8 Things to Know About Upper GI Endoscopy

Medically Reviewed By William C. Lloyd III, MD, FACS
Written By Catherine Spader on September 20, 2020
  • Slide 1: 9 Things You Should Know About Endoscopy
    1. Upper GI endoscopy is a close up view of the upper gastrointestinal tract.
    An upper GI endoscopy is a procedure to see inside your esophagus, stomach, and the beginning part of the small intestine (duodenum). The endoscope is a tube with a special type of camera that sends pictures of the lining of your gastrointestinal tract to a video screen. Another name for the procedure is esophagogastroduodenoscopy (EGD).
  • Slide 2: 9 Things You Should Know About Endoscopy
    2. Upper GI endoscopy is a diagnostic tool.
    If you have heartburn or stomach pain, your doctor will likely recommend some simple treatments, such as changing your diet. If that doesn’t help, or you have more severe symptoms, such as vomiting blood or swallowing problems, your doctor may want to do an upper GI endoscopy. An upper GI endoscopy can diagnose many conditions, including GERD (gastroesophageal reflux disease), ulcers, and esophageal varices. Esophageal varices are swollen veins that can bleed.
  • Doctor and patient during endoscopy exam
    3. Upper GI endoscopy can eliminate the need for surgery.
    Endoscopy is a minimally invasive way to treat certain conditions that affect the lining of the esophagus, stomach and duodenum. Doctors can control bleeding ulcers, remove foreign objects, perform a biopsy, and widen a narrow esophagus or small intestine. They can also treat esophageal varices by tying off the veins or applying medicine to shrink them.
  • Group of doctors
    4. Gastroenterologists perform upper GI endoscopy.
    Several types of doctors perform upper GI endoscopy, but gastroenterologists perform most of them. Gastroenterologists focus on problems of the digestive tract. Pediatric gastroenterologists perform endoscopy in children. General surgeons and pediatric surgeons may perform them as well. Ask your primary care doctor for a referral. If you don’t have a referral, search for a gastroenterologist at Healthgrades.com.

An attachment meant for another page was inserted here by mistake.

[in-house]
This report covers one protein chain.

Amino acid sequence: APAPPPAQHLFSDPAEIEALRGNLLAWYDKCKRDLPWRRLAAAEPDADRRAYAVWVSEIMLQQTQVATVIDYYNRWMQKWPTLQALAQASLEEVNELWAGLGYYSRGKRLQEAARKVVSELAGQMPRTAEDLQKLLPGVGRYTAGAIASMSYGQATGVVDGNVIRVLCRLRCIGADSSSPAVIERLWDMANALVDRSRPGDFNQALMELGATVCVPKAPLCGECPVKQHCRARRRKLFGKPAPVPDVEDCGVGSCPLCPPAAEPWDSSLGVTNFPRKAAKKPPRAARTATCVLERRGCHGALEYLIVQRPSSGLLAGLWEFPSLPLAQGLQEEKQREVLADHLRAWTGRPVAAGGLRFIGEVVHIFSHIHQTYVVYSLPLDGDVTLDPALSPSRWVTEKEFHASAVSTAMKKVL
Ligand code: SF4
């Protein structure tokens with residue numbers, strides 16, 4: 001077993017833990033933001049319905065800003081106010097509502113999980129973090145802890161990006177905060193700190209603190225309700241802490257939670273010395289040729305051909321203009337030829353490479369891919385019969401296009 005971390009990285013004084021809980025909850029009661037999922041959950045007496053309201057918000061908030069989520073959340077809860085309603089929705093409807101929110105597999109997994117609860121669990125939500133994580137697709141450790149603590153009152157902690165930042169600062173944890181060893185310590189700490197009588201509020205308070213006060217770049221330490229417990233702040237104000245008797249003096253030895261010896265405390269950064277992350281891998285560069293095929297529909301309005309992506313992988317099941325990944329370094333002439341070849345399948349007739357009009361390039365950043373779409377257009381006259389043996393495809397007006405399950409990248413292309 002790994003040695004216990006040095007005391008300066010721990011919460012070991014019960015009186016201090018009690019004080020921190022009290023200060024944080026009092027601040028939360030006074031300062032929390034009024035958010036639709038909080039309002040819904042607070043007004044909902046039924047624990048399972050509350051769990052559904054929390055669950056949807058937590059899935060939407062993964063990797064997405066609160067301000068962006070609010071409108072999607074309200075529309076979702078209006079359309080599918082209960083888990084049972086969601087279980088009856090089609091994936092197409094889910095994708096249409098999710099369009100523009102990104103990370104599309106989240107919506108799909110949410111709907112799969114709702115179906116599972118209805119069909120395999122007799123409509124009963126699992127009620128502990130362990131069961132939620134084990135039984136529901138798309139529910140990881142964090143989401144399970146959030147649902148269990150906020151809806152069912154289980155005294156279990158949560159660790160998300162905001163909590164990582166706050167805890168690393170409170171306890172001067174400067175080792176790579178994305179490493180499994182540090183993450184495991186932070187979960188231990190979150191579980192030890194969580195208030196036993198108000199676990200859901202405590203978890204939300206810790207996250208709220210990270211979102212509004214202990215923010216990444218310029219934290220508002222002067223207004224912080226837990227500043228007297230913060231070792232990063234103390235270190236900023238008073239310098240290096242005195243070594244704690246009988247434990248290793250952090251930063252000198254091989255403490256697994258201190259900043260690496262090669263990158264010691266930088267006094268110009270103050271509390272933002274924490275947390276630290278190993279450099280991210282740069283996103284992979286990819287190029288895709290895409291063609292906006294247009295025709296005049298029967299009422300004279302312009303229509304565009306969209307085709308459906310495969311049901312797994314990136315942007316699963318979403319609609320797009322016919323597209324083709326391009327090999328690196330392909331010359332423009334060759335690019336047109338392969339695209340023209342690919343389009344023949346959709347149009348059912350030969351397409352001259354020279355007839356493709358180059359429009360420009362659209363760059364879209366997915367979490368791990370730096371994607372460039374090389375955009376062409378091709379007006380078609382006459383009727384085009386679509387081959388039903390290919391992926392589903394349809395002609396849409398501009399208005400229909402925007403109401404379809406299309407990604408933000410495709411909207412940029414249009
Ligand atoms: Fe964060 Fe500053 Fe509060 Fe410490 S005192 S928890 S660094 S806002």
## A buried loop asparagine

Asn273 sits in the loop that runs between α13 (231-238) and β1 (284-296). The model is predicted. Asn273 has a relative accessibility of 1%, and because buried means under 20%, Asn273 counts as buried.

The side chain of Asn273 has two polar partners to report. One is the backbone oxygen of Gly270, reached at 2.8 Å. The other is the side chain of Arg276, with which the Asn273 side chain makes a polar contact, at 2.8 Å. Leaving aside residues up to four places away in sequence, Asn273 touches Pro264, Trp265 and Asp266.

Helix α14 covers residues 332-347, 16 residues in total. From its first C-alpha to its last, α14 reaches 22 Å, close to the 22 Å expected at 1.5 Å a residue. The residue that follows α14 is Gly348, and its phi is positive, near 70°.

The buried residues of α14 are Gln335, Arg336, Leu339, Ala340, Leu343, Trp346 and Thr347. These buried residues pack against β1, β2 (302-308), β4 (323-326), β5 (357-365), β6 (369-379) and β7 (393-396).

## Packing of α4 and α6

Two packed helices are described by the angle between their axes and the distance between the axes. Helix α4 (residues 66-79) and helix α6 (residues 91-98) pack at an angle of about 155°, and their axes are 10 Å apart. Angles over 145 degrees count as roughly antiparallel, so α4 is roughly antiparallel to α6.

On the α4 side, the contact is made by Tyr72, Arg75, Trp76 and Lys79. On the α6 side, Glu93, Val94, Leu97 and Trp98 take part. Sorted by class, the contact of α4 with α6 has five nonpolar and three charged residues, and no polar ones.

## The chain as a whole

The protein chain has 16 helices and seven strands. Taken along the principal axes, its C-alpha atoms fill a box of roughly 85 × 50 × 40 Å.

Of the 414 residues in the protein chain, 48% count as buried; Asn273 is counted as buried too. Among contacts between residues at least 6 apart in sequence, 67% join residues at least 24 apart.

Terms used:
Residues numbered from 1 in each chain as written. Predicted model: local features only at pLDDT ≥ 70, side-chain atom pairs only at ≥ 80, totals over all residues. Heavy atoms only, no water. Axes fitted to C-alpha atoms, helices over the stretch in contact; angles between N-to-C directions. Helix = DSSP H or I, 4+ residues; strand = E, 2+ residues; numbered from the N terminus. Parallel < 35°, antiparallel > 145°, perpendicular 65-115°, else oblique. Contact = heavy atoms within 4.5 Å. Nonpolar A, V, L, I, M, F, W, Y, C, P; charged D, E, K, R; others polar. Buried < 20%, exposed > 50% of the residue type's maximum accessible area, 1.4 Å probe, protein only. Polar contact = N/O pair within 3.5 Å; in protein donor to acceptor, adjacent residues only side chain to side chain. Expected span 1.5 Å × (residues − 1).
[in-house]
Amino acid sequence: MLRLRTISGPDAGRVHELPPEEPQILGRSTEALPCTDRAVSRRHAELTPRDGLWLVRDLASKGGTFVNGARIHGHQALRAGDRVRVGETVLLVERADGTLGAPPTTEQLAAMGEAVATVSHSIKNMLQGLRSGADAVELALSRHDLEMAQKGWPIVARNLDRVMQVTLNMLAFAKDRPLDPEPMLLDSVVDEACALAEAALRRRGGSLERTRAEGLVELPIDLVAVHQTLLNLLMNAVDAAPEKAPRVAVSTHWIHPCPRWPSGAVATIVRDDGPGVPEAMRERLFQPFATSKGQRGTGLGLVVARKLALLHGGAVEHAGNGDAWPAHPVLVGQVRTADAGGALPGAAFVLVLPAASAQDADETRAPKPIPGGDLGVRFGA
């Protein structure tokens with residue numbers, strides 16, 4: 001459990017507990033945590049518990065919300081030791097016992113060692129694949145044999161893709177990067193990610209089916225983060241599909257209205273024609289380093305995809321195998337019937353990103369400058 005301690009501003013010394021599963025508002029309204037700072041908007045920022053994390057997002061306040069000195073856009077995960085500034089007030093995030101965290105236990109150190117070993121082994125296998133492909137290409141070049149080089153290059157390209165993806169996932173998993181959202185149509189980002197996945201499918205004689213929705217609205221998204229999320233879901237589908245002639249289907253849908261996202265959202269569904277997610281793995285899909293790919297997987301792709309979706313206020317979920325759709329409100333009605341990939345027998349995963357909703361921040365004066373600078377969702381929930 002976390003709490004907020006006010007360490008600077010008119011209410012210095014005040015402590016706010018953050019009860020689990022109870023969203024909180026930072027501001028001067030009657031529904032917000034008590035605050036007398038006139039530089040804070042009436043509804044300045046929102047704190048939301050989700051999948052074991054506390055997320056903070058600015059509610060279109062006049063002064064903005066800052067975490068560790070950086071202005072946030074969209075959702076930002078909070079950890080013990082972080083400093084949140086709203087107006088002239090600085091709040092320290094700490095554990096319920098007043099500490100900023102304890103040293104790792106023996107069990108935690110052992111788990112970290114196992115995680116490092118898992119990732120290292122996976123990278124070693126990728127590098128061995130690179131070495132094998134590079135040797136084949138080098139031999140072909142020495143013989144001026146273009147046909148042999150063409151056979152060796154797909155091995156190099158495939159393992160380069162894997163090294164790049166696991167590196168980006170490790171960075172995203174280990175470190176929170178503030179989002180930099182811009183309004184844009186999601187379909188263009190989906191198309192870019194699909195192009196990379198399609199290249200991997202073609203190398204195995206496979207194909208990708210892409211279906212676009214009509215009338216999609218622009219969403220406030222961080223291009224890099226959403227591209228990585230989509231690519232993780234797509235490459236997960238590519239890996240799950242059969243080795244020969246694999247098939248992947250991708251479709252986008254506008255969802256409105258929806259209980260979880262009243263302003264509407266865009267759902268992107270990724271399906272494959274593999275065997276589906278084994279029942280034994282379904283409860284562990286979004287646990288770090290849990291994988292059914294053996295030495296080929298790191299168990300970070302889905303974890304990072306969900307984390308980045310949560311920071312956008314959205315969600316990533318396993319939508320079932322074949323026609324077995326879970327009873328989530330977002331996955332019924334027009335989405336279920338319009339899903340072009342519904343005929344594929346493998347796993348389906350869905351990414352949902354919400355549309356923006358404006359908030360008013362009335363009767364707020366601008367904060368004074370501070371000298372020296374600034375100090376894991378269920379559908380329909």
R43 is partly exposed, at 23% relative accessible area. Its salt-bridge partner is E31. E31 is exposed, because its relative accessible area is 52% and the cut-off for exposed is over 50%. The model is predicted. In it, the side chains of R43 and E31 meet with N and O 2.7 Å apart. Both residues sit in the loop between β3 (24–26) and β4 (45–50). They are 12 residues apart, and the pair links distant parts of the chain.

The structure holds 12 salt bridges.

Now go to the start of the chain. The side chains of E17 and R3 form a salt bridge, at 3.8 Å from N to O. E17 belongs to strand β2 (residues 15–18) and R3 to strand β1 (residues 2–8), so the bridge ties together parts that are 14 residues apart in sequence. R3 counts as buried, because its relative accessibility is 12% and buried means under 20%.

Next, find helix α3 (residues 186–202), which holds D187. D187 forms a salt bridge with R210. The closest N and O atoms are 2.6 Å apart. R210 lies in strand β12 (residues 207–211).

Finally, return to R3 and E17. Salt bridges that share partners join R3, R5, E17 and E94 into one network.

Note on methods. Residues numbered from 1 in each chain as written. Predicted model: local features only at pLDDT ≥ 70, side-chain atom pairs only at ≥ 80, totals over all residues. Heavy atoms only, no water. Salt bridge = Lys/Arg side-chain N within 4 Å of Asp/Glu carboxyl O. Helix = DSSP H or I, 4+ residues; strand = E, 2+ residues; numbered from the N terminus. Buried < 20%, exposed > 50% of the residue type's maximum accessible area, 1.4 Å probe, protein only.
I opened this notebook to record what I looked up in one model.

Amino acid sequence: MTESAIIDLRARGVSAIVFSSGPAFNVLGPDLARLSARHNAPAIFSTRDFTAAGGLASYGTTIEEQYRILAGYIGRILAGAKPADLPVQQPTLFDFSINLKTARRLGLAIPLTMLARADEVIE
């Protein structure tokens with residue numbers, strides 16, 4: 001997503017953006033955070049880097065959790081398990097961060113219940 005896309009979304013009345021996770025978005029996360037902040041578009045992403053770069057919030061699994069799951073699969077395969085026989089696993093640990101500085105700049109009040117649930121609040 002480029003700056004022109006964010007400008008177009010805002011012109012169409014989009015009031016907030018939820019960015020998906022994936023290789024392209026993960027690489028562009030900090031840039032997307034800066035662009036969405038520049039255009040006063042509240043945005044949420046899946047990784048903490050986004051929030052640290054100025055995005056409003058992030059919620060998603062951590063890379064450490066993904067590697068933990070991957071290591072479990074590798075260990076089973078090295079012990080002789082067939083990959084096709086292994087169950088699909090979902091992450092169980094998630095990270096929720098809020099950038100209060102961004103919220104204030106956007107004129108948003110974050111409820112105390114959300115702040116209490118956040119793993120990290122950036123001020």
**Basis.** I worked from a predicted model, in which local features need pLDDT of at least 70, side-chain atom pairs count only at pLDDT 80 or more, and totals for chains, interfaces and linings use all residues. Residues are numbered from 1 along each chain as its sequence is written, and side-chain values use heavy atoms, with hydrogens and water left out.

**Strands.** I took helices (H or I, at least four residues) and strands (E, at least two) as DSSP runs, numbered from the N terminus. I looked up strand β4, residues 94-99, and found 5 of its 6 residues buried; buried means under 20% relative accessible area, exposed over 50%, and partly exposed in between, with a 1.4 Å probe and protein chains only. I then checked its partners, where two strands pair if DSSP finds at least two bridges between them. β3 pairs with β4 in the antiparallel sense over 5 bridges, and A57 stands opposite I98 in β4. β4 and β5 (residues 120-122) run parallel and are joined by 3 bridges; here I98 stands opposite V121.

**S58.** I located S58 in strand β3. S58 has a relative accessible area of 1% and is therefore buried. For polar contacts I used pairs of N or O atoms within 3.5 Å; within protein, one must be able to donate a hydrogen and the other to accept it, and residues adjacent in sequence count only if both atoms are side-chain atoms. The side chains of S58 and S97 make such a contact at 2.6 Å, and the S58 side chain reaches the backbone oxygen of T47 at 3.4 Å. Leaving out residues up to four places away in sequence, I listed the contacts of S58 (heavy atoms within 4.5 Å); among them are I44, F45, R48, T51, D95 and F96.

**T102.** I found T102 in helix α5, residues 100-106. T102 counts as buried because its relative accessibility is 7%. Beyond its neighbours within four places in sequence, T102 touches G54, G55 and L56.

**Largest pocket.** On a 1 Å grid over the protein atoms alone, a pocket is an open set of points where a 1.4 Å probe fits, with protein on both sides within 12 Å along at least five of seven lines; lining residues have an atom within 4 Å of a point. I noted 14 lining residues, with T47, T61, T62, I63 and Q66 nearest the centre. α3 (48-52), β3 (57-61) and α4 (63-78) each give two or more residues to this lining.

• Woman on phone with laptop on lap
    5. You may need to go to a specific facility for full insurance coverage.
    Upper GI endoscopy is covered by most insurance plans, including Medicare. Call your insurance provider before the procedure to ensure your coverage. Ask if you have a copay or deductible. Upper GI endoscopy is done in a doctor's office, outpatient surgery center, or hospital. However, your insurance may require you to go to a specific facility. Talk to your insurance provider ahead of time and ask for a list of in-network facilities.
  • Female patient at front desk in doctors office
    6. You won’t be able to eat or drink before the procedure.
    The endoscopy facility where you have the procedure will likely give you detailed instructions about preparation for endoscopy. Follow your doctor’s instructions about eating, drinking and taking your medication. This often includes not eating or drinking anything for eight hours before your procedure. You will also likely stop taking blood thinners. You will have sedation during the procedure, so arrange for a ride home. Someone should stay with you for the first day or so because you may still be drowsy.